'Vote Compass' plots Turkish voters' views

Vote Compass application gives Turkish voters the chance to find their perfect political match ahead of June elections.

    AKP supporters rally in Ankara in April. The ruling party is aiming for a third straight success in June's elections [June]

    Al Jazeera has teamed up with Vote Compass to give voters in Turkey the opportunity to plot themselves on the country's shifting political landscape in the buildup to next month's parliamentary elections.

    More than 50 million people are eligible to vote in the June 12 contest in which Turkish prime minister Recep Tayyip Erdogan's Justice and Development Party (AKP) is bidding to secure a third term in power.

    The AKP's challengers include the Republican People's Party (CHP), the Nationalist Movement Party (MHP), independent Kurdish candidates representing the Peace and Development Party (BDP), as well as a raft of smaller parties.

    Analysts say the outcome of the vote could have major repercussions for Turkey's future, with the AKP seeking a mandate for radical constitutional change.

    Vote Compass is an online tool which allows users to find the party which most closely matches their own views on a range of political, social and economic issues.

    While few voters have the time to study a party's manifesto in detail, Vote Compass helps them cut straight to the parties' positions on the issues they care about, said Ali Carkoglu, a professor of political science at Istanbul's Koc University and the project's lead analyst.

    “As a citizen, what attracts me to this application is that what matters is actually the issues. What do the parties stand for, and what are they offering to us?” Carkoglu said. “At the end of the day, the user gets a pretty good picture of what the political space looks like, and where they stand within that space.”

    'Public information tool'

    As well as providing a “public information tool”, Vote Compass encourages parties to be more accountable in stating their policy positions, said Andre Krouwel, a Dutch political scientist at Amsterdam's Free University, who developed the tool.

    “If a party is not clear, we call them and we say, 'Look, your party is totally unclear here. Can you please clarify?' So as well as showing voters where they stand, it forces parties to become more and more transparent.”

    Vote Compass also enables political scientists “to get inside the heads of voters” to an extent far beyond anything achievable using conventional polling methods, said Krouwel.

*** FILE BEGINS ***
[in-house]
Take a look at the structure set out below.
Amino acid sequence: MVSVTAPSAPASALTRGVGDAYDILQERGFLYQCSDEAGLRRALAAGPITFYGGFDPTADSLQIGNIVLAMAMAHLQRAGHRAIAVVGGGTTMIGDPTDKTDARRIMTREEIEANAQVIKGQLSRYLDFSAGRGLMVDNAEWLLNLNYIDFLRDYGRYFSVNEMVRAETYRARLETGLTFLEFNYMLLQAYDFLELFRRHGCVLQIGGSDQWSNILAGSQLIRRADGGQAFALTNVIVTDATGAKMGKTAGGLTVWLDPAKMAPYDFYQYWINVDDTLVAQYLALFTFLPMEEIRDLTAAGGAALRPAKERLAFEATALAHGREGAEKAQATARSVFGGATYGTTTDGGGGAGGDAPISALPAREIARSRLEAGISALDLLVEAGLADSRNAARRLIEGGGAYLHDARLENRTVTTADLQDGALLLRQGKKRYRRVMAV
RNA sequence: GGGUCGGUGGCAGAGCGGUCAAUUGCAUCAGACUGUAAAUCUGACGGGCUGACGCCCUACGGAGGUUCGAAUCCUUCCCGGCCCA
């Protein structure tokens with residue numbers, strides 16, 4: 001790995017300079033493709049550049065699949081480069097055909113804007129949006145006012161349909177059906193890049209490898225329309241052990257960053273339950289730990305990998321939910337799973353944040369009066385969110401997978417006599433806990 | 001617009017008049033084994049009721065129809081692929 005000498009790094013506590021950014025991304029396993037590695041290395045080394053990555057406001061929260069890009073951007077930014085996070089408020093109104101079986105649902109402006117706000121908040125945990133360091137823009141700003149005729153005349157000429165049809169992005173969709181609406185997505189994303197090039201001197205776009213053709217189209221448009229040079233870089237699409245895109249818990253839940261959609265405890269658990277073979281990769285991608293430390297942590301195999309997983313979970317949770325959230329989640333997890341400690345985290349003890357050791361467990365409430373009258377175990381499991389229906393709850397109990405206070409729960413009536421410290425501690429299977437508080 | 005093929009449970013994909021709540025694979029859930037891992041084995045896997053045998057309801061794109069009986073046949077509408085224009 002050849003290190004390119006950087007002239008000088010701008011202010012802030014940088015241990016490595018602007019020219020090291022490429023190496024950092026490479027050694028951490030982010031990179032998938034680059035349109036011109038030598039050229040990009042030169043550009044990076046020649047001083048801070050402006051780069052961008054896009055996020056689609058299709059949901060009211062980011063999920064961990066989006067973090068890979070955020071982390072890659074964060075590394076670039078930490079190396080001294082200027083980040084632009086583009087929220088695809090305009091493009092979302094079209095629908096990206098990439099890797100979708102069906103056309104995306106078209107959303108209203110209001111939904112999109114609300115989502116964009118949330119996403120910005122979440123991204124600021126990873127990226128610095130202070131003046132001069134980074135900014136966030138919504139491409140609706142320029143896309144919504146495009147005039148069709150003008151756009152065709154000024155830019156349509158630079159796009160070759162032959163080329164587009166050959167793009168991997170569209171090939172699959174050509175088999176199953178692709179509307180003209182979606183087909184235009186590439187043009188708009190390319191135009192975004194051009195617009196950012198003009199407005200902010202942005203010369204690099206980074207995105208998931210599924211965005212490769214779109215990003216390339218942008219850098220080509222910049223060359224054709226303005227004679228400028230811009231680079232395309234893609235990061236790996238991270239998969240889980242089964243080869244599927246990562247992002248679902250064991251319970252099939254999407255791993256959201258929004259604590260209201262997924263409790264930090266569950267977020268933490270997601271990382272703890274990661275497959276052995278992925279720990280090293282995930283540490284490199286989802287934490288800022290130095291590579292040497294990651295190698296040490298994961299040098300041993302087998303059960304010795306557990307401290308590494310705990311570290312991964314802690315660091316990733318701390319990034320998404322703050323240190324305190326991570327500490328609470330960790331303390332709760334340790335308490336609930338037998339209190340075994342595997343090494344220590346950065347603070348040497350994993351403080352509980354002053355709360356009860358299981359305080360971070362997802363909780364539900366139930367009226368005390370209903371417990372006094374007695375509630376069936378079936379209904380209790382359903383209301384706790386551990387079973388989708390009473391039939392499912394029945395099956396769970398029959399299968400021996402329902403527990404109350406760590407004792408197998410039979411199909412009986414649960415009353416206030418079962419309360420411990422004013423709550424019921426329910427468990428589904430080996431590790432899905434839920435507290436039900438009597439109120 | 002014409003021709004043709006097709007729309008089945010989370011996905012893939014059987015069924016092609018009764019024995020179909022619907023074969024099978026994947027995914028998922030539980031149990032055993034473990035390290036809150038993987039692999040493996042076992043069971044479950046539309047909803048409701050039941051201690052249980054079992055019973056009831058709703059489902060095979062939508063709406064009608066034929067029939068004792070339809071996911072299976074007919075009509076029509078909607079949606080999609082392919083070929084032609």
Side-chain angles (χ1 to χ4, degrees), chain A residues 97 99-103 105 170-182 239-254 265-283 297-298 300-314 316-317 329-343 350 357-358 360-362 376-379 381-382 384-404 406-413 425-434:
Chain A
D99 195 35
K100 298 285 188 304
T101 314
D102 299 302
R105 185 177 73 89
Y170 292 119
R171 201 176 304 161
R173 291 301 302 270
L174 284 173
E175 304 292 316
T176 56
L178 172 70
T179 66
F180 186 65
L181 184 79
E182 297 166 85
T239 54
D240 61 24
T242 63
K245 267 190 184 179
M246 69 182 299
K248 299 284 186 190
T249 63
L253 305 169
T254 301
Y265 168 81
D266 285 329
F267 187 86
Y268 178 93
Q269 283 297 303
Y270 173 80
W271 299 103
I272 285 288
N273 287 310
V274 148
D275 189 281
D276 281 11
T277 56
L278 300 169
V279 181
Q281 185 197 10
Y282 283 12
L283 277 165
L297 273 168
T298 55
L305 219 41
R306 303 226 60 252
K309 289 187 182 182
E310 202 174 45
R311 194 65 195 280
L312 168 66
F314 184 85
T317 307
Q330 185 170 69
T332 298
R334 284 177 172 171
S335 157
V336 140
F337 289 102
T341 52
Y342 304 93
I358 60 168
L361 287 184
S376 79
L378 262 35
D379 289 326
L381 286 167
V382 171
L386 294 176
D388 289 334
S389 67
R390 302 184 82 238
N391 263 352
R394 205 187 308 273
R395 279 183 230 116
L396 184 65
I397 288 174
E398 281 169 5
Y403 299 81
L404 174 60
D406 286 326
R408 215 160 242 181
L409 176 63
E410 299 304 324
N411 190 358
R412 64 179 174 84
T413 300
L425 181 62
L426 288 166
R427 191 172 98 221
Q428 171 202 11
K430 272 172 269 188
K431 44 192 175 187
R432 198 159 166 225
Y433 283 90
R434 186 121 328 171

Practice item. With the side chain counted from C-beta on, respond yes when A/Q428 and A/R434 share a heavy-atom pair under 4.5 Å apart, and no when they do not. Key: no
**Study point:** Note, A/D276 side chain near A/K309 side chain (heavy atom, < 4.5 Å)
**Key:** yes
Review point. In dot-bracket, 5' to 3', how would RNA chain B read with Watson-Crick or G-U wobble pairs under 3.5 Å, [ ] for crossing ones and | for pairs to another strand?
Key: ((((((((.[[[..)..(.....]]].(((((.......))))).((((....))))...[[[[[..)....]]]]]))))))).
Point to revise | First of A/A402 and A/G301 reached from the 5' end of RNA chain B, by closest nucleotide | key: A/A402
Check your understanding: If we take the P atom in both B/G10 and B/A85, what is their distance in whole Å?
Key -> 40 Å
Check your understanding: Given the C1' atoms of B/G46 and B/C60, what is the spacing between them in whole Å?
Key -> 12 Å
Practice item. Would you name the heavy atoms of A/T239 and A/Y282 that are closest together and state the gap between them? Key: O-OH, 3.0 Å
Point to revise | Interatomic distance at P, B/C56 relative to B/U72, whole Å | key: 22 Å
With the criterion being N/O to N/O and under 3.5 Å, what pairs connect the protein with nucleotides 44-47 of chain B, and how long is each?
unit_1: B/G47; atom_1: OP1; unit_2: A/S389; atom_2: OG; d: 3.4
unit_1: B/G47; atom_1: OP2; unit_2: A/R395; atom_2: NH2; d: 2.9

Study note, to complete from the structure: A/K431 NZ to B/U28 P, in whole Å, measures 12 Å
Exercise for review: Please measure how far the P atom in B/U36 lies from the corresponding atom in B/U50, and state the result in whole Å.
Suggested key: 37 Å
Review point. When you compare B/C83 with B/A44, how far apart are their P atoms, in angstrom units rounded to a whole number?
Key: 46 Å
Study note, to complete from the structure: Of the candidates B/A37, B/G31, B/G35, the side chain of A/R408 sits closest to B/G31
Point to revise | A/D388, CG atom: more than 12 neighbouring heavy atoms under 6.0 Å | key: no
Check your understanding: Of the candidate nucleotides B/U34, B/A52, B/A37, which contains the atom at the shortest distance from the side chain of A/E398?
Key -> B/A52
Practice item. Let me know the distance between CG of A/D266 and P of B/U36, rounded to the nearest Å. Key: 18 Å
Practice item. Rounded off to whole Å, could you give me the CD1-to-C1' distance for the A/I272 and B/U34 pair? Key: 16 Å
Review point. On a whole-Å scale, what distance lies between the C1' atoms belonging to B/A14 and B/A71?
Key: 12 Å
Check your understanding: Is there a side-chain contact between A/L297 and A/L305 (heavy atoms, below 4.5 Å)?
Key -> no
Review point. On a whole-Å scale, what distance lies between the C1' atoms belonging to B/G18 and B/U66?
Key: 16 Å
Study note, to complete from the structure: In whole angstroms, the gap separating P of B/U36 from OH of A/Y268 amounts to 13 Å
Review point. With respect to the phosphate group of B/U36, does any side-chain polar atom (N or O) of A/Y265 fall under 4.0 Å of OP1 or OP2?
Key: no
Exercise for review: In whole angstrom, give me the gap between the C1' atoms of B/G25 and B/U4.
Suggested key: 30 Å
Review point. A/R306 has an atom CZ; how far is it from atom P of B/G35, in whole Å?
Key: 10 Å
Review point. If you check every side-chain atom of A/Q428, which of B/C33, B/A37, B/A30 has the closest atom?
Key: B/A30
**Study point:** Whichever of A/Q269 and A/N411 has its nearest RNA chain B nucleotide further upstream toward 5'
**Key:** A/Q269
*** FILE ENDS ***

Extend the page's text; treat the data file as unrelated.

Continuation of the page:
While a typical sample group for a opinion poll might consist of 800 to 1,200 people, Vote Compass analysts can potentially draw from a database of thousands. Users, who answer at least 30 questions to plot their position, also typically volunteer far more information than those polled face-to-face or via telephone interview.

    And with a database constantly being supplemented by new users, analysts can also study the impact of specific events, such as televised debates, in a campaign, said Krouwel.

    Vote Compass has already been used to study elections in the Netherlands, in Belgium and in Canada, where Krouwel said analysts had been able to make accurate predictions about the final result within three days of the tool going online.

    But Carkoglu said the application was particularly useful for voters in a country such as Turkey with a more fluid political landscape, and a great deal of uncertainty over what each party stood for.

    “In countries like Britain or Germany where democracy is much more stable, people can rely on their party identities; if they vote for a party, the likelihood is that the party they voted for in the past will be around in the future,” he said.

    “In Turkey, a party might be around for one election and by the next elections it has disappeared.”

    Turkish voters are also notoriously indecisive, or deliberately cagey about their preferences, in the buildup to an election with up to 20 per cent claiming to be undecided, Carkoglu said.

    “Maybe half of that group, they know what they're going to do, but they don't want to tell us. But that means you still have 10 per cent who don't have a clue what to do. Out of 50 million voters, that's five million people. So Vote Compass could really help them make up their minds.”

    SOURCE: Al Jazeera


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